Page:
On September 16, BuzzFlash at Truthout posted a commentary on how Rev. Billy Talen -- street theater minister for the anti-consumer movement -- and his choir leader were arrested for leading a performance art protest at a Chase bank branch in Manhattan. The target of the theatrical presentation was how JP Morgan Chase is one of the key banks financing industries that are tumbling earth toward a climate implosion. On December 9th, Talen and his choir master will appear in a NYC court and face the prosecution's charges that could result in up to a year in jail.
Meanwhile, Jamie Dimon, Washington D.C.'s made man on Wall Street and the don of JP Morgan Chase, has not faced a criminal investigation (that has been made public) or charges for his role in Wall Street's crash. Yes, JP Morgan Chase was recently fined $13 billion dollars, but that is largely -- as large as it may appear -- a public relations stunt on the part of the Department of Justice to make it appear that it is cracking down on errant banks.
Meanwhile, Jamie Dimon rakes in the millions and remains the talk of the town. But Rev. Billy and his associate may go to jail for entertaining some Chase stuffed suits with their presentation on behalf of saving life on the planet.
The following is a commentary Rev. Billy wrote recently for BuzzFlash at Truthout about the tragic irony of his prosecution, in the face of Wall Street crooks being as untouchable as the mafia.
JIM HIGHTOWER ON BUZZFLASH AT TRUTHOUT
Sometimes it pays just to go away. You could ask Jim Skinner about that.
He was CEO of the hamburger behemoth, McDonald's, pulling down a hefty $8.8 million in pay. Last year, though, Skinner retired, and, rather than getting a gold watch, he was given a load of gold — so large that even a Brink's armored truck would have been too small to haul it all away. His salary of $753,000 was the least of it. The Big Mac chain also served up $1.7 million to the chief in stock and $3 million in option awards. Then it slathered on another $10.2 million in retirement pay. All that was topped by a super-rich dessert: $11.6 million in "incentive pay."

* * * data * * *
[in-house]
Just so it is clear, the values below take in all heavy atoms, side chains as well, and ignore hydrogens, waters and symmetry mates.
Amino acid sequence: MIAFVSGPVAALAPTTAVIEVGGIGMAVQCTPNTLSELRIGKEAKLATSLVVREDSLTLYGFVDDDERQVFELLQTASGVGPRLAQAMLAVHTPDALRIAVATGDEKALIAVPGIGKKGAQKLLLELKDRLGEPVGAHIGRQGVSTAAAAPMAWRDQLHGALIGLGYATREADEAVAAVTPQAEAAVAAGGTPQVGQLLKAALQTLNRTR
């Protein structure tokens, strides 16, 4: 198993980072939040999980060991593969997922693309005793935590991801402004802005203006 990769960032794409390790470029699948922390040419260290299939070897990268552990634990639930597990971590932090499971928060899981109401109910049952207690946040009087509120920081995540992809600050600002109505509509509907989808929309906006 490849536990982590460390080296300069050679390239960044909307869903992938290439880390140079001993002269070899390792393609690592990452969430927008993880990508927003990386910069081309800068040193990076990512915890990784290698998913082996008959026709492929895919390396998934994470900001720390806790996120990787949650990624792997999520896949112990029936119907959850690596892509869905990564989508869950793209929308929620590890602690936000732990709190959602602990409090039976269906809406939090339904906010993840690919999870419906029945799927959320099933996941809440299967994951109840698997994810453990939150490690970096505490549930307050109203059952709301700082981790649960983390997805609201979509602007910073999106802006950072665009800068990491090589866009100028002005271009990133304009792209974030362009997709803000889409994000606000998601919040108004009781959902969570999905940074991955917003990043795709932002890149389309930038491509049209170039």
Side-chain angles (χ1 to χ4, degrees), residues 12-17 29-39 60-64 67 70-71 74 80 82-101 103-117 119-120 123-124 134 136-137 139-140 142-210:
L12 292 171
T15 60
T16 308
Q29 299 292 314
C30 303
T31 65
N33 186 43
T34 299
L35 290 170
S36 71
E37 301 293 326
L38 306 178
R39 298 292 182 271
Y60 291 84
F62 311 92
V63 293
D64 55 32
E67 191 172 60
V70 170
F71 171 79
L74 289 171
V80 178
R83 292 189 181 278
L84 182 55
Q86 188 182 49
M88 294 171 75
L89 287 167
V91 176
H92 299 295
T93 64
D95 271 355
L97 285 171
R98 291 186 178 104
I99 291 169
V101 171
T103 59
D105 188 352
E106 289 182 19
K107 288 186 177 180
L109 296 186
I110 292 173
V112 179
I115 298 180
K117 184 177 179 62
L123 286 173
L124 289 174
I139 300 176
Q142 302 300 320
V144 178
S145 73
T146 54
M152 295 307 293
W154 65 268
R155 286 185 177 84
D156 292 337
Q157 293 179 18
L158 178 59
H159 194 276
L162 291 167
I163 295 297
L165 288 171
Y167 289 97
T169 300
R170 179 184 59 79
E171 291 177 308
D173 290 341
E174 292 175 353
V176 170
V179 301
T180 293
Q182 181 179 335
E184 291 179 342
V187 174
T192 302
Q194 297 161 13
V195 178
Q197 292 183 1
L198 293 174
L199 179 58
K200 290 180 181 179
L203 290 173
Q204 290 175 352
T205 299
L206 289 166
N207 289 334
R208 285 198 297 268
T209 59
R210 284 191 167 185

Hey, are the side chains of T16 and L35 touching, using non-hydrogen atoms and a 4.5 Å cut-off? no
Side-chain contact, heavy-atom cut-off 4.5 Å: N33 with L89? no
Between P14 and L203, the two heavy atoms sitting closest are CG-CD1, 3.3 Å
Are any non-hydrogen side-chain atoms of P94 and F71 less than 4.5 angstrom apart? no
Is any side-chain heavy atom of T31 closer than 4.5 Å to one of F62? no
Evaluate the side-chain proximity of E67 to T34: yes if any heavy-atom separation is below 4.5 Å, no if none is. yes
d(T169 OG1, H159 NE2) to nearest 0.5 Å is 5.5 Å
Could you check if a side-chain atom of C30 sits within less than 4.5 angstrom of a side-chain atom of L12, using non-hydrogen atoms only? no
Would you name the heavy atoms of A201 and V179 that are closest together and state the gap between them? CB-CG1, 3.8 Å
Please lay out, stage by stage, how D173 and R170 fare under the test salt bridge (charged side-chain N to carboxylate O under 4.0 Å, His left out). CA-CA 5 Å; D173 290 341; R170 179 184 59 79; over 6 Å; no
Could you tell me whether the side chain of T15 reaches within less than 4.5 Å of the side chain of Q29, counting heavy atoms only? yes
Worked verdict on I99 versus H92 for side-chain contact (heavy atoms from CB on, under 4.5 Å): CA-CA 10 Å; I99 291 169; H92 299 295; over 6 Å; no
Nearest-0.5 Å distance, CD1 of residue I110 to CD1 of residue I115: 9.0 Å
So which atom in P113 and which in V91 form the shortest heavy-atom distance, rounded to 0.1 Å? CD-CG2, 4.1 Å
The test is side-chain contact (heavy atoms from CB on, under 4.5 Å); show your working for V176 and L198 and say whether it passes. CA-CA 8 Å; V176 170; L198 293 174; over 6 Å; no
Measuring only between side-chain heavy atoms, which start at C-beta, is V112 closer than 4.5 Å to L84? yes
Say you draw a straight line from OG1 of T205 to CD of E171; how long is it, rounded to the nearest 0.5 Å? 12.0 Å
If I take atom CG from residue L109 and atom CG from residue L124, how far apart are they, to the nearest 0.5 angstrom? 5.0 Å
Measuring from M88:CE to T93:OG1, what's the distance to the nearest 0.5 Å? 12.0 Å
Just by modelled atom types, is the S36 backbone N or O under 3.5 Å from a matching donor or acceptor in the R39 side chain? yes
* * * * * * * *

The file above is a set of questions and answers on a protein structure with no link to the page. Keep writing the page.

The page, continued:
What? Why does a guy with millions already on his food tray need any incentive to do his job? Maybe because Skinner found it hard to stomach the biggest part of his job, which was to pay poverty wages to McDonald's workers, shove thousands of them onto food stamps and other programs paid for by taxpayers, and lobby aggressively to prevent any increases in the minimum wage or any tax hikes on uber-rich elites like him.
It's dirty work, but Skinner did it, finally skipping away with a 2012 pay package totaling $27.7 million. Yet, in the phantasmagoric plutocracy of CorporateLand, too much is not enough. Last year, for the first time ever, the 10 highest-paid CEOs in America hauled in at least $100 million each, even as the great majority of workaday families have lost income.
This gaping (and ever-widening) inequality is the greatest threat to our society's cohesion. Too few people now control an unconscionable and untenable share of America's money and power, using it to grab more of both for themselves. They can build a $100-million wall, but it won't be high enough to hide their greed from the rest of us.
PAUL BUCHHEIT FOR BUZZFLASH AT TRUTHOUT
1. Scrounging to Survive and Heartlessness
Beverly is a middle-aged homeless woman who survives day-by-day on the streets of Chicago. I learned about her from my friend Joe, an advocate for the homeless and a volunteer at a community kitchen on the city's north side. He first noticed Beverly huddled in a theater exitway on a frigid November morning, cup in hand, a pair of crutches leaning against the door behind her. He gave her a little money, and she responded with a smile and a quiet "thank you." They talked a little bit; she seemed eager to share a few minutes of conversation. She mentioned that she hadn't eaten that day. Since they were too far from, and it was too early for, the community kitchen, Joe offered to buy her a meal. Her favorite was chili, at a lunch spot around the corner.
Charles and David Koch are both members of the .00001%. That's a group of twenty individuals who have a total net worth of over a half-trillion dollars, about $26 billion each. One of David's residences is at 740 Park Avenue, in the most exclusive area of Manhattan. The doorman at the 740 building had this to say about David Koch: "We would load up his trucks - two vans, usually - every weekend, for the Hamptons...multiple guys, in and out, in and out, heavy bags. We would never get a tip from Mr. Koch. We would never get a smile from Mr. Koch. Fifty-dollar check for Christmas."